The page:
What can I say about Willa Cather? Not enough, certainly. She is known as one of the greatest, if not the greatest, chronicler of American Pioneer life, and for good reason. O Pioneers! is the first in a trilogy known as the “Prairie Trilogy”; it is followed by Song of the Lark and My Antonia. I have been, until now, more familiar with Cather’s later works, such as A Lost Lady, and there is a striking difference between her earlier works of Realism and the later move to Modernism. In A Lost Lady, one can witness that shift in action, but O Pioneers! is all Realism (with a bit of sensational romance thrown in vis-a-vis the likes of Frank Norris, Theodore Dreiser, and Thomas Hardy).
Alexandra Bergson is the eldest child and only daughter of Mr. and Mrs. Bergson, who have emigrated from Sweden to make a home and farm on the Nebraska prairie. Things do not go as planned. The land is difficult to farm, the climate is difficult to live in, and the people – a hodgepodge of French, Swedish, and other nationalities are not always on the best of terms. But when the farm becomes Alexandra’s, she soon proves her prowess at managing a household (or three) and cultivating the land, so much so that she becomes one of the most prosperous landowners in the region. This success does not come without sacrifice. She spends her young adulthood and middle years alone and lonely, sacrificing love and courtship to take care of her younger siblings and to honor the dying wishes of her father. Much of the story seems to be a lament – a commentary on the difficult way of life these early pioneers endured.
In addition to Alexandra, the minor characters (and all of them, except Alexandra, are minor), are equally well-drawn and independent. The youngest brother, Emil, is the secondary character and it is his story that the reader believes will be carried on, after Alexandra’s closes – he is to be the “new” that comes from a successful pioneering life. Emil has left the farm to get a college education, his brothers despise him for it because they can no longer understand him, and they fear and hate their sister for allowing Emil the opportunity and for forcing, as they see it, their family to change. In this rural community, being different is not encouraged. The most important character of all, though, is probably the land itself – and everything Cather wants to express through it and about it.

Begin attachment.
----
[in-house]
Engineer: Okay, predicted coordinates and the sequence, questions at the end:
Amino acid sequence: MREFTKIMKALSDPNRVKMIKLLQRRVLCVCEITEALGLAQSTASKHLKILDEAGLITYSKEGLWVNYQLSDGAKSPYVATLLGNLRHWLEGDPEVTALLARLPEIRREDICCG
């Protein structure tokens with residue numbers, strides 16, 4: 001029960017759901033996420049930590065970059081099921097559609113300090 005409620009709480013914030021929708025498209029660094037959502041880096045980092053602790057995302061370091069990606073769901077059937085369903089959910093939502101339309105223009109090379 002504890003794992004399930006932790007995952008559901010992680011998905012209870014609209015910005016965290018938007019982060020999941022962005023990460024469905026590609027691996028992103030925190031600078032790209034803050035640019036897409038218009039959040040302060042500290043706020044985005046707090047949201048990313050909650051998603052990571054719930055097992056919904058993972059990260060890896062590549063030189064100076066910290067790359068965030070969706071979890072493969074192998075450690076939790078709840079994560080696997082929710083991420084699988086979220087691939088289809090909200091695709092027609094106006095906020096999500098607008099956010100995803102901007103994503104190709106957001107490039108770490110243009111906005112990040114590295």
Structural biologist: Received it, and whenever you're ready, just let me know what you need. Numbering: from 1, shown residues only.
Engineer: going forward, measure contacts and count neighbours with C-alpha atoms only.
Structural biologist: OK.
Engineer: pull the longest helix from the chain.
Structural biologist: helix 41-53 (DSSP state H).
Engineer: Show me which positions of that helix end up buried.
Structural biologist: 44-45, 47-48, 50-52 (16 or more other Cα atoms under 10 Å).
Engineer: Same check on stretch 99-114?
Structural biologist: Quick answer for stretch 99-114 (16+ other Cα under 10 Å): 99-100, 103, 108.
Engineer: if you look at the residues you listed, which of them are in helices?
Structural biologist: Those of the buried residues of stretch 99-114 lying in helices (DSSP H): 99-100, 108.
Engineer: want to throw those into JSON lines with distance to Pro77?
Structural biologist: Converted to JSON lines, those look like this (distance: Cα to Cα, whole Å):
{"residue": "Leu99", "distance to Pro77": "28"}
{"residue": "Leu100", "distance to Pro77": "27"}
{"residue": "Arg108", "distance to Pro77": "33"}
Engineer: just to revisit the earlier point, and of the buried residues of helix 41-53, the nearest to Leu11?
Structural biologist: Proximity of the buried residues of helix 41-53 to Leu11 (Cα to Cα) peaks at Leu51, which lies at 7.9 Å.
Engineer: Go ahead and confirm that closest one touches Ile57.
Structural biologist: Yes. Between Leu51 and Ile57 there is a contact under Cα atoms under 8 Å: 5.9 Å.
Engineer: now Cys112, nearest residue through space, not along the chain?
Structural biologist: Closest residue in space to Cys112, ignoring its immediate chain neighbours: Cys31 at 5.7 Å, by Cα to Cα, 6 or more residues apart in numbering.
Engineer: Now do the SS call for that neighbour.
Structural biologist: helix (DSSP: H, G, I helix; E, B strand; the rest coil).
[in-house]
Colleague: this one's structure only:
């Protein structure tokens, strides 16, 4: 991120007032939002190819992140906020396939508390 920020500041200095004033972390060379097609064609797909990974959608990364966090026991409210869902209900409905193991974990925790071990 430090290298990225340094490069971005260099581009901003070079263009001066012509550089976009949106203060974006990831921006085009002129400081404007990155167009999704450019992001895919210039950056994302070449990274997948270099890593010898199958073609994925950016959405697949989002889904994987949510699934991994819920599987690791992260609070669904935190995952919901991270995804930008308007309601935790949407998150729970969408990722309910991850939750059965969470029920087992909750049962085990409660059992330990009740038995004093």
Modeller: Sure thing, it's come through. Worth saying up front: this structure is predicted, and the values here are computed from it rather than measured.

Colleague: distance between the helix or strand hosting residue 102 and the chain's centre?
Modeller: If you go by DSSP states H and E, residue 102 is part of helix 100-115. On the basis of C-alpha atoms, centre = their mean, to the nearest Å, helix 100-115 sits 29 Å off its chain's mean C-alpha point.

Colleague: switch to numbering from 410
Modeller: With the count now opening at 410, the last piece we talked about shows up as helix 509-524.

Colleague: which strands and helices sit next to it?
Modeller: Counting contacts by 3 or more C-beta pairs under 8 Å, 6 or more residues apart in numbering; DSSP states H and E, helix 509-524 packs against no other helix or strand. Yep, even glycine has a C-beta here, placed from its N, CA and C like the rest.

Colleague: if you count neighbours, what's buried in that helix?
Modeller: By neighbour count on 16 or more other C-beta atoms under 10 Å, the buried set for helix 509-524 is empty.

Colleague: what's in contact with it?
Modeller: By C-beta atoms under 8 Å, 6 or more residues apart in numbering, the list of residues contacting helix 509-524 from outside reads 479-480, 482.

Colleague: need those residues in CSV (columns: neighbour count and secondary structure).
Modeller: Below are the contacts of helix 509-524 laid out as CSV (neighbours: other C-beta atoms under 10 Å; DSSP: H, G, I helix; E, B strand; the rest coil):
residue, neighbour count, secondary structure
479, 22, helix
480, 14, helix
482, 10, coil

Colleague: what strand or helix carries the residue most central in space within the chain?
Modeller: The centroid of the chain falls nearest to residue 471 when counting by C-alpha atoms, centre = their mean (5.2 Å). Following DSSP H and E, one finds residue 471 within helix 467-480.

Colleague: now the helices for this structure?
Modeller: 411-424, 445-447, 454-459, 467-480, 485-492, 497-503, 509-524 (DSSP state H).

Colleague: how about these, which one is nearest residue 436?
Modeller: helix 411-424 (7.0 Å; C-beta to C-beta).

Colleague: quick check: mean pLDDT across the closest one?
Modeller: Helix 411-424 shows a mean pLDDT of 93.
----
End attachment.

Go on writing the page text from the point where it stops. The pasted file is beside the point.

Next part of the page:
Alexandra and Emil, as well as Emil’s love interest (a married woman) and the loose-living French community are in stark contrast to the rest of the town. The main point of the story seems to live here, somewhere. It is extraordinary that this book, written exactly 100 years ago (1913), still speaks to us today. Anyone who has felt trapped by modern day’s excesses – too much noise, too many things, too many distractions, too many responsibilities, too much commentary… all of this was at issue, for Cather and the problem, having only amplified over time, is certainly valid and meaningful today.
Told in a beautiful, almost lyric prose that is accessible at all levels, but somehow transcendent, O Pioneers! is a story about chance and about planning; it is a story of leaders and followers, givers and takers; it is about family, community, hard work, education, and pursuing one’s dreams. Ultimately, it is a story of fate and impulse – a commentary on control and our inability, perhaps, to command even our own destinies, let alone those of others.
Suggested Reading for:
Age Level: High School+
Interest: Pioneer America, Frontier Days, Rural/Farming Communities, Family, Destiny/Fate, American Realism, American Regionalism, Education
“The little town behind them had vanished as if it had never been, had fallen behind the swell of the prairie, and the stern frozen country received them into its bosom” (11).
“A pioneer should have imagination, should be able to enjoy the idea of things more than the things themselves” (37).
“It’s by understanding me . . . that you’ve helped me. I expect that is the only way one person ever really can help another” (39).
“There are only two or three human stories, and they go on repeating themselves as fiercely as if they had never happened before; like the larks in this country, that have been singing the same five notes over for thousands of years” (89).
“I’ve found it sometimes pays to mend other people’s fences” (105).
“It’s queer what things one remembers and what things one forgets” (178).
“Above Marie and Emil, two white butterflies from Frank’s alfalfa field were fluttering in and out among the interlacing shadows; diving and soaring, now close together, now far apart; and in the long grass by the fence the last wild roses of the year opened their pink hearts to die” (201).
“We come and go, but the land is always here. And the people who love it and understand it are the people who own it – for a little while” (229).
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